“Move Along !” came the cry of the ship’s steward. A river of human beings pushed and shoved their way up the sagging gang plank that would lead them to the third class accommodations aboard the Saale in the port at Bremen, Germany. Each one heading off to a land they did not know with only what belongings they could carry.
People were grumbling in all sorts of languages. Screams and sobs were mixed in along with the barely audible wailing of a very small infant. His name was Bernard and he was but six weeks old. Bundled in a woven bag that would serve as both carrier and cradle he dangled around his mother’s neck. His father Julian could not get his mother to relinquish him so that her husband could hold him higher in the fresh air. So he did what he could by placing himself as a barrier between his family and possible miscreants or diseased in the group. His one arm tightly held her waist so they could not be separated. His other arm and back were loaded as a pack mule with as many supplies as he could carry for his wife and first born son.
Suddenly there came loud crash from farther up the gangplank. Another passenger’s suitcase which he had been carrying on his head tumble down toward the little family and tout of instinct Julian covered his wife and son with his own body. The case lost its’ momentum and landed on the back of an old German man who went to his knees in pain. Only the quick arms of fellow passengers kept him from falling overboard.
Maryanna could feel Julian’s grip on her waist just under Bernie tighten and surprisingly calmed her just a bit. She was forced to admit herself that her own Father had been right. A woman traveling alone to America was a very dangerous thing to do.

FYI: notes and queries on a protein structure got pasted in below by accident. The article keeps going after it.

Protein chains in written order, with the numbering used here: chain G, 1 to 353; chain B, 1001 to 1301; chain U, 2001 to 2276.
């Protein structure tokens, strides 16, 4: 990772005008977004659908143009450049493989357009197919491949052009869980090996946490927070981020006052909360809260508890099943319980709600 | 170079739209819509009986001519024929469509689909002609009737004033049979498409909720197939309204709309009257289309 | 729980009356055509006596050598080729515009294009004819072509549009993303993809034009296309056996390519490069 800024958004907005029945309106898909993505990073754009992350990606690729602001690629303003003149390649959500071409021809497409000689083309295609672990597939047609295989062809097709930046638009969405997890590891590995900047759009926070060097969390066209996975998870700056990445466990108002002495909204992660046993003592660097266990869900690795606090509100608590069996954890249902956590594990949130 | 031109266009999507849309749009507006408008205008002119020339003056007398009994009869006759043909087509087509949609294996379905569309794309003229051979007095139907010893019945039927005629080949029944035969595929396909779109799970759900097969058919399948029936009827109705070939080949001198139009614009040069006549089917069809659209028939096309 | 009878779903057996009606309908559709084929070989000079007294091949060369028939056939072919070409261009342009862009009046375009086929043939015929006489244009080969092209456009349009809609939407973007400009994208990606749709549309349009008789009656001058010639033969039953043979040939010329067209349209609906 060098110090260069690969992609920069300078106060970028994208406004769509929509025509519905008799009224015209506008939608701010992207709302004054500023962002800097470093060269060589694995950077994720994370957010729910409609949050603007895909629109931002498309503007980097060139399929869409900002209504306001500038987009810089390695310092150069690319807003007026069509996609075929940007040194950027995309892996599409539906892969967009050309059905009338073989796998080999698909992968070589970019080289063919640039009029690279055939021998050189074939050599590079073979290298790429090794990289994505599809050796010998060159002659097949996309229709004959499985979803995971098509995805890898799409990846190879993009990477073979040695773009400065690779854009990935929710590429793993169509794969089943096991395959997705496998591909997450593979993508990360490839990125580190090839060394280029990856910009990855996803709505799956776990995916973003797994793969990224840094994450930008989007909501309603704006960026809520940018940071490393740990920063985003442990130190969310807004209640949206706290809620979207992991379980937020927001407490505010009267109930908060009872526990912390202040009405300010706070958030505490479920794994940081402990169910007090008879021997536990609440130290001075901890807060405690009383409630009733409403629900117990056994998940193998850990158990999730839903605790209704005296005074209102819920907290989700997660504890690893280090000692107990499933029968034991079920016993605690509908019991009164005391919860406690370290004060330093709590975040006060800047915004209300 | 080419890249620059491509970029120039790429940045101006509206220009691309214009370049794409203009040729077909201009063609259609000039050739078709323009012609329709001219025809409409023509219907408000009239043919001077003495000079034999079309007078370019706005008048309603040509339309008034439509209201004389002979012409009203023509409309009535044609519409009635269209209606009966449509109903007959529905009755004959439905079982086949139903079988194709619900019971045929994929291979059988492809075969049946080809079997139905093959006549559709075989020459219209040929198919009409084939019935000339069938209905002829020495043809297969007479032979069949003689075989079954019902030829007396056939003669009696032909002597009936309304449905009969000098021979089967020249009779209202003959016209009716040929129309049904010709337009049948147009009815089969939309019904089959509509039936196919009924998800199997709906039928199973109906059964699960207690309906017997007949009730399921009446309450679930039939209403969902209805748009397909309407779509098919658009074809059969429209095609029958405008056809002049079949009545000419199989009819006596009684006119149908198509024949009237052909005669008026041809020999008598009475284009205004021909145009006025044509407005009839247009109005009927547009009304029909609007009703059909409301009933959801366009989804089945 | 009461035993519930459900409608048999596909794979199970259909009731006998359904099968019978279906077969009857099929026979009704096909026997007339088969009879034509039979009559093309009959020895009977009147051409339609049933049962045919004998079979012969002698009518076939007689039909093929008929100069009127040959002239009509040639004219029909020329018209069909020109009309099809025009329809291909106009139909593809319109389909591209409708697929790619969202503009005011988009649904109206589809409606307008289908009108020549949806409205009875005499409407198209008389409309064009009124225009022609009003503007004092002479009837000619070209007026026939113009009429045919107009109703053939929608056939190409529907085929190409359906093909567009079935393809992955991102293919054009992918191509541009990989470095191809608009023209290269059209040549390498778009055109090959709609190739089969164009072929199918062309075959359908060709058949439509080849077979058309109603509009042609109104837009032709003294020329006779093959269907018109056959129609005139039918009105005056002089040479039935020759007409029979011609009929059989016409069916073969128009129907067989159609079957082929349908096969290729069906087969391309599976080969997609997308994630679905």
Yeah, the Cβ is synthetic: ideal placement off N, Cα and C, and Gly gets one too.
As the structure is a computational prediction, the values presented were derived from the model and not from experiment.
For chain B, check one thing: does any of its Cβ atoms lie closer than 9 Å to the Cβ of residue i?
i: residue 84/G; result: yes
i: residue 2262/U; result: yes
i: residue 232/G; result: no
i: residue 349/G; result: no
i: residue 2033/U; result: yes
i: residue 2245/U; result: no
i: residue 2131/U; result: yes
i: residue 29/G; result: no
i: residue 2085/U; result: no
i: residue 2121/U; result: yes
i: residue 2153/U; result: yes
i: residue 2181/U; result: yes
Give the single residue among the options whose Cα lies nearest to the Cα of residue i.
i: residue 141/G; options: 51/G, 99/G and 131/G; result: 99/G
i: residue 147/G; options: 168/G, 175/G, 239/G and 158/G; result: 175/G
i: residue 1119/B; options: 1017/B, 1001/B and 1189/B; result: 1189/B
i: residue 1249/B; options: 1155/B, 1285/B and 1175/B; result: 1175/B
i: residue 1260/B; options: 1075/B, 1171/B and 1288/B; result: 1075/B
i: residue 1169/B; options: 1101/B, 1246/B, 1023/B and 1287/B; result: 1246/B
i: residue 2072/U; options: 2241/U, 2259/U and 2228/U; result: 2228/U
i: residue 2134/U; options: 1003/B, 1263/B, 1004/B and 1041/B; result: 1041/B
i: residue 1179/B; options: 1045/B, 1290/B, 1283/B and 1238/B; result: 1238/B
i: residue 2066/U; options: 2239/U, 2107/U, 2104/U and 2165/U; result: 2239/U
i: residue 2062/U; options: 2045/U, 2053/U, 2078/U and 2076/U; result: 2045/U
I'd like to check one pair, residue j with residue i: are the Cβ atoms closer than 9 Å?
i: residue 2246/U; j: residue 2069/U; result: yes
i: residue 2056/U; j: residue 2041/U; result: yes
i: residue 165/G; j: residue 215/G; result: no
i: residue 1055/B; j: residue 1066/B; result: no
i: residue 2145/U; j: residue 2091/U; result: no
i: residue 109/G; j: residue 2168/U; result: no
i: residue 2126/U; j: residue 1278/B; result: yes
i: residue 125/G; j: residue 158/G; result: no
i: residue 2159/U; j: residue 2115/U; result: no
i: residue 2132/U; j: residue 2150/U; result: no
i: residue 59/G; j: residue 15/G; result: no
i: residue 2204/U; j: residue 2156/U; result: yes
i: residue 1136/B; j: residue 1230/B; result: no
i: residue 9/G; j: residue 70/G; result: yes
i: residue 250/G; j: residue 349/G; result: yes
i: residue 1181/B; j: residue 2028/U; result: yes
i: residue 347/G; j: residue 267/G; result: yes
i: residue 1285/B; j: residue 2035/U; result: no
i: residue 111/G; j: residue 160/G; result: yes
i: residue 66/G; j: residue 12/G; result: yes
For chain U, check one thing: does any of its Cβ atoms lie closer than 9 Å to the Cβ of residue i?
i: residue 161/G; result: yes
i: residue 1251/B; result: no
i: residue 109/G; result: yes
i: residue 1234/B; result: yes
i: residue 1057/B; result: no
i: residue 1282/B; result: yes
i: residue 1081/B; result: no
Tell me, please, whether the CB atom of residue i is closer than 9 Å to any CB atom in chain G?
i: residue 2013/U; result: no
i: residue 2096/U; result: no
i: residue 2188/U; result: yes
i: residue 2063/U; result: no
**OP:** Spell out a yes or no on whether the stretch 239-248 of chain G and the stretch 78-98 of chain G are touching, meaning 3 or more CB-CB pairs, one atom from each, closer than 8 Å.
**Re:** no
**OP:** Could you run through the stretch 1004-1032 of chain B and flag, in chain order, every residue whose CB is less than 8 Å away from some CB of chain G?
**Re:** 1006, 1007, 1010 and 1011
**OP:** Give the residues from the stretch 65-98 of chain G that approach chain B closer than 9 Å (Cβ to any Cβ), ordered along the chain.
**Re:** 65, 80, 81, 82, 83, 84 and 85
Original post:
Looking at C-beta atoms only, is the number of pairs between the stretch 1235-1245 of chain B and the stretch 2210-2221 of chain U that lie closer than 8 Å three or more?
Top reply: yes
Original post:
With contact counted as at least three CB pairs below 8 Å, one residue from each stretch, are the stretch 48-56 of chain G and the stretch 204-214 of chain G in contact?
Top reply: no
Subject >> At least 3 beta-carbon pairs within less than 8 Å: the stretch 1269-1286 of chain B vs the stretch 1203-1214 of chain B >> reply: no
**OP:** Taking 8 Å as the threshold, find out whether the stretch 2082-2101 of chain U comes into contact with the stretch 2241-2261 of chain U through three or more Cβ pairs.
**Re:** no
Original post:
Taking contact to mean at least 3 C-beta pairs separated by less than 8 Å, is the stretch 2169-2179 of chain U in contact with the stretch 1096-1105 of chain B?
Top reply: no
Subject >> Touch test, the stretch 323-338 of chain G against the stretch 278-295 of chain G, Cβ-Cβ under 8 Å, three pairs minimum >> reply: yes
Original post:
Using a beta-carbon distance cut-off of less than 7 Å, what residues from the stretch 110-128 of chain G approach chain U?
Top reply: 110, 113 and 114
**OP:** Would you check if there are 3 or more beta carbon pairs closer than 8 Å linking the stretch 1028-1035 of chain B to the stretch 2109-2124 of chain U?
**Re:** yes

“Maryanna, Mrs. Nowalski...... I want to ask you one last time if you are sure you want this? Your husband has gone to extraordinary measures to save your marriage.” Her lawyer translated for her just as he had done through two years of litigation. She looked directly at the judge and pronounced as firmly as she could, “Yes”. Maybe now Julian would stop asking her to remarry him and she could go on with her life as the free and independent woman she had always been.
The divorce was granted and a notation was placed on the paperwork requesting to keep this news out of the local paper. Being labeled a “divorcee” in 1920 carried a stigma that gave energy to wagging tongues and inspiration to small minds. All of which Maryanna hoped would disappear with the healing salve of time. As for all the pain, arguments, and secrets, their memory would fade too. She would surround herself with her children and grandchildren and run her general store. Julian could go to hell.
Author's copyright 2012
For months I have been struggling with writing my Great-Grandparent's story. Then I read Mitch Albom's FIVE PEOPLE YOU MEET IN HEAVEN and really liked his manipulation of time. So I thought I would give it a try. Please all comments, suggestions, or critiques of this first draft beginning are more than welcome.
* Kind of funny writing this just after putting flowers on their graves for Memorial Day.